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Can Minors Lose Their License for Acts Not Committed While Driving?

Posted on in Criminal Defense

Knox County criminal defense attorney drug possession

If you are a parent, you know that it is far from uncommon for teens to push the limits. Their desire for independence can lead them to defy your rules, any regulations set by their high school, and even legal limits that apply to all Americans. Testing the limits is not always a bad thing, but when drugs and alcohol are involved, things can quickly take a turn for the worse. For those who are at the legal drinking age, the blood alcohol concentration (BAC) limit is 0.08 percent. For those under 21, Tennessee law enforcement has no tolerance for a BAC over zero. Unfortunately, many teens will get behind the wheel after drinking or doing drugs, assuming that they are OK to drive, but then they end up facing driving under the influence (DUI) charges. Such penalties often lead to losing your driver’s license, but what about other drug or alcohol violations that were not committed while driving?

Drug Free Youth Act Offenses

For those between the ages of 13 and 17, the Tennessee Drug Free Youth Act allows a court to limit your driving privileges if the minor faces any form of drug charges—even those not committed while driving. This includes any criminal offenses, violations, status offenses, or infractions that involve the possession, sale, use, or consumption of any controlled substance. The severity of the penalties correlates with the number of offenses that the minor has on his or her record.

  • For those charged with a first offense, their license may be suspended for up to one year or until the minor reaches the age of 17 (whichever is longer). After serving 90 days, they may apply for early suspension withdrawal. The court may also decide to give them a more lenient penalty by issuing a restricted license depending on the minor’s past with law enforcement.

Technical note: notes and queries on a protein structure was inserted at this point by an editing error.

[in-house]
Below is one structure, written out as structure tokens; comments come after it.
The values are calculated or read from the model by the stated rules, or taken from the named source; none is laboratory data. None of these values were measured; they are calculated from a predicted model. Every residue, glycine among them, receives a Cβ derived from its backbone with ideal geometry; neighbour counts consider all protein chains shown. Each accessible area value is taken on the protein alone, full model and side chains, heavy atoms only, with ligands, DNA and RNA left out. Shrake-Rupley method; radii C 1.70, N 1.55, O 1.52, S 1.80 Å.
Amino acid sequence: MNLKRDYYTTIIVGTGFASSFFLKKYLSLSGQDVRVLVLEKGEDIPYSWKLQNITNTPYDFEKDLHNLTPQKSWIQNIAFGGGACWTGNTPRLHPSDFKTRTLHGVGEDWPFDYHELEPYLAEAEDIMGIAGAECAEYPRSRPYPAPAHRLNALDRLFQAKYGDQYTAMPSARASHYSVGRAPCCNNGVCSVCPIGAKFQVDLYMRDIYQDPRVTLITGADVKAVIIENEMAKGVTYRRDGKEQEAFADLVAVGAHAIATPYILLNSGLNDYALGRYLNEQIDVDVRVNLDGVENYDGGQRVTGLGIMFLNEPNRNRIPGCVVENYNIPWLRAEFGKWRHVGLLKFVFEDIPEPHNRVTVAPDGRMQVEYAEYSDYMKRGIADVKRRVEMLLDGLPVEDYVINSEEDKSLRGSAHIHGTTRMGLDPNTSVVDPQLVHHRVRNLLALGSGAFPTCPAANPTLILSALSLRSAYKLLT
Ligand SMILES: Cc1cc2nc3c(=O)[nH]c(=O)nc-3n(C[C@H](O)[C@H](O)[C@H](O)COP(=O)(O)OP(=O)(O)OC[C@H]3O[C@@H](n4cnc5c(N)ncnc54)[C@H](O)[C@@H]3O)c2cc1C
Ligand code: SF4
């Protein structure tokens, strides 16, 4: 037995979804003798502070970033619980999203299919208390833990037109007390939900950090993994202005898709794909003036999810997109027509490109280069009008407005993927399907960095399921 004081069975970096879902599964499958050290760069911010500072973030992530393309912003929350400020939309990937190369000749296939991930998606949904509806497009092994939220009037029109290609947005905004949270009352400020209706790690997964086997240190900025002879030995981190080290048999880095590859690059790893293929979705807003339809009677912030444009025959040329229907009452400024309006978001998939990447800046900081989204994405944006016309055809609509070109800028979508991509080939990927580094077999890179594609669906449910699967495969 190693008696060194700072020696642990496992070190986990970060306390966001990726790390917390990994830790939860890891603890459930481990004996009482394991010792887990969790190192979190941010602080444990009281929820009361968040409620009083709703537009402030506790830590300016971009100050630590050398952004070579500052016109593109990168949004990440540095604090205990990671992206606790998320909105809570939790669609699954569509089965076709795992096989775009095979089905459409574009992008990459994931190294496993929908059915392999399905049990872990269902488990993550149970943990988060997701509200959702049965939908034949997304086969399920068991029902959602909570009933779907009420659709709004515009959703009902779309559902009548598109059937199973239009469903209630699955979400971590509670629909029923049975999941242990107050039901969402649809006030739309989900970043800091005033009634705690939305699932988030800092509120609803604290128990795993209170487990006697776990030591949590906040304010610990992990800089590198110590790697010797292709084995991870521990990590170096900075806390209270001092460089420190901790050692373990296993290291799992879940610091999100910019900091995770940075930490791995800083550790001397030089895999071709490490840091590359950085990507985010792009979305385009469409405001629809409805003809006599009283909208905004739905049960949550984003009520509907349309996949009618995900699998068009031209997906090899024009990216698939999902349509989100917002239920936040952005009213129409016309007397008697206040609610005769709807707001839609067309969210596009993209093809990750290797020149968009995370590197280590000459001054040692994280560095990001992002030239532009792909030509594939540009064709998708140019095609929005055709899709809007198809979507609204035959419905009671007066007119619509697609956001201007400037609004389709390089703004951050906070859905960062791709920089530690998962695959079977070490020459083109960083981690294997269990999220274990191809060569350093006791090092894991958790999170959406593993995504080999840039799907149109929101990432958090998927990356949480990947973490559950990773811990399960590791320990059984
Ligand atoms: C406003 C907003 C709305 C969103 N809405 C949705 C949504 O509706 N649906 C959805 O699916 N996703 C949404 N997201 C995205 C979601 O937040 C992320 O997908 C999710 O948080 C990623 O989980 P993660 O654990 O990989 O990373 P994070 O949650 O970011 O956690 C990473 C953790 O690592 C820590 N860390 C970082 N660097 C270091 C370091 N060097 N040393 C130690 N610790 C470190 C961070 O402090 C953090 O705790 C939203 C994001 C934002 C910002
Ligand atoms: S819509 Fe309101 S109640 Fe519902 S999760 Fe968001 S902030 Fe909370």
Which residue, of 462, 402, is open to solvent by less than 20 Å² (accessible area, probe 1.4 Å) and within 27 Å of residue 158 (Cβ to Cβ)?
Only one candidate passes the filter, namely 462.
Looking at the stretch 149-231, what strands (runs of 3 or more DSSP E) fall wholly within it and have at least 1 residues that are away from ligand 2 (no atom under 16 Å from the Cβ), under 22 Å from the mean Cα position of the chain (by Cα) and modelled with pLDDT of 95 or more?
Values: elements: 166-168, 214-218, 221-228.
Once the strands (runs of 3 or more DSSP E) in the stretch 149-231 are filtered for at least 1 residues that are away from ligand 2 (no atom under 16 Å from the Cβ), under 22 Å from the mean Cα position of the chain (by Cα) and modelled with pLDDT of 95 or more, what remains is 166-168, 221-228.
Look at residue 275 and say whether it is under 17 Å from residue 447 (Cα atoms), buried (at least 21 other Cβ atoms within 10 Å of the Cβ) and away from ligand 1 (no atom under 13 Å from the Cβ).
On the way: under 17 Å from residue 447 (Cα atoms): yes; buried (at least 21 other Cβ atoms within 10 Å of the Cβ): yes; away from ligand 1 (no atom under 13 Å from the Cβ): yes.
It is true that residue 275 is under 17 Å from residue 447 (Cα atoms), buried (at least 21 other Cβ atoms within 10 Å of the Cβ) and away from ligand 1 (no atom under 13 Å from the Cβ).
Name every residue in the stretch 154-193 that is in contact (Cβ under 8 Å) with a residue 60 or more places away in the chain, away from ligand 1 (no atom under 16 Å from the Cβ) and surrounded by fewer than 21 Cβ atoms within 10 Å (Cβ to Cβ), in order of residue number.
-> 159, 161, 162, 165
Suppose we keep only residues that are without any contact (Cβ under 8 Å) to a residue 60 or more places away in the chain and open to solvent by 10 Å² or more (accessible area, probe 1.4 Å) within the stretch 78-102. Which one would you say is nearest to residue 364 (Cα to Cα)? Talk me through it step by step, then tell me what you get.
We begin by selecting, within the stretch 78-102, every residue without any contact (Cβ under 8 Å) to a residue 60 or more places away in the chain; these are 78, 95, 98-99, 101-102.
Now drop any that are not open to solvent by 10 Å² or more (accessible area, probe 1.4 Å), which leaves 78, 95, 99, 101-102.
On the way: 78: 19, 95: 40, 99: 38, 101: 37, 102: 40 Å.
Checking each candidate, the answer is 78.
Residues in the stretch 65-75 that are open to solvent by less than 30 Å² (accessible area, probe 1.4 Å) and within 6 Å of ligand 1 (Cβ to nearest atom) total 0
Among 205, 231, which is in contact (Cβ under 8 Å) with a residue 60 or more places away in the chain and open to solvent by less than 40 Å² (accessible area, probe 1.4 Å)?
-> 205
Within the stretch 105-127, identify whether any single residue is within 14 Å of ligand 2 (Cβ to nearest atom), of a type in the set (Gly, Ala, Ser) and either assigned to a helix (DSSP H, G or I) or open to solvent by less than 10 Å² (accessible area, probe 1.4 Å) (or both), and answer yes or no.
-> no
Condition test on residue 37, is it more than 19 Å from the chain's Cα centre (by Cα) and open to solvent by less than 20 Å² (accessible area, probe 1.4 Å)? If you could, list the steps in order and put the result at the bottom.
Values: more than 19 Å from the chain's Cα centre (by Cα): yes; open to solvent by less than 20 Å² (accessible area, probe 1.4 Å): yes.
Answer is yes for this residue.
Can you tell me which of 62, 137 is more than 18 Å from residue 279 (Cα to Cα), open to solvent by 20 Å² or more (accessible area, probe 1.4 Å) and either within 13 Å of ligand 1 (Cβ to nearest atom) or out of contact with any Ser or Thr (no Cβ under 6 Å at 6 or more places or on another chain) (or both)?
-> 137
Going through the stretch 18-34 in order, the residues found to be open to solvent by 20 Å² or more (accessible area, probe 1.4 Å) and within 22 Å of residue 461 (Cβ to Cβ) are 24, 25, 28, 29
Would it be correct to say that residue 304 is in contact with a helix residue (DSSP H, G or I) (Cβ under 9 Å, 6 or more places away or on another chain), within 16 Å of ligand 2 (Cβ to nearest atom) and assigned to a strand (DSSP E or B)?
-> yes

• For those charged with a second offense, their license may be suspended for up to two years or until the minor reaches the age of 18 (whichever is longer). After serving one year, they may apply for early suspension withdrawal.

Alcohol Offenses

Anyone between the ages of 18 and 21 is not allowed to purchase or attempt to purchase alcohol of any kind. If a minor is found guilty of this penalty, he or she can face the same driving restrictions as those outlined above under the Drug Free Youth Act, including the possibility of a restricted license rather than a suspended one. If, however, the underage young adult is found driving under the influence (DUI), his or her license will be revoked for one year with no opportunity for a restricted license. They will also face a $250 fine and possible public service work. Alcohol offenses of any kind can deeply damage a teen’s criminal record and risk him or her losing future educational and employment opportunities. 

Contact a Knoxville, TN Juvenile Criminal Defense Lawyer

Obtaining a criminal record at a young age can often make it difficult for your child to diverge from this path as he or she gets older. For minors who are facing drug or alcohol offenses of any kind, it is important to work with a reputable criminal defense attorney who can help guide you through the legal process and attempt to reduce your charges. Jeffrey Coller, Knoxville Criminal Defense Attorney, builds a strong defense strategy for all of his clients, especially those who are under the age of 21. Our firm understands the importance of a second chance, and we are here to make that happen. For help with your case, contact our accomplished Knox County juvenile criminal defense attorney at 865-281-1000 to schedule a free consultation.

 

Source:
https://www.tn.gov/safety/publicsafety/duioutline.html 

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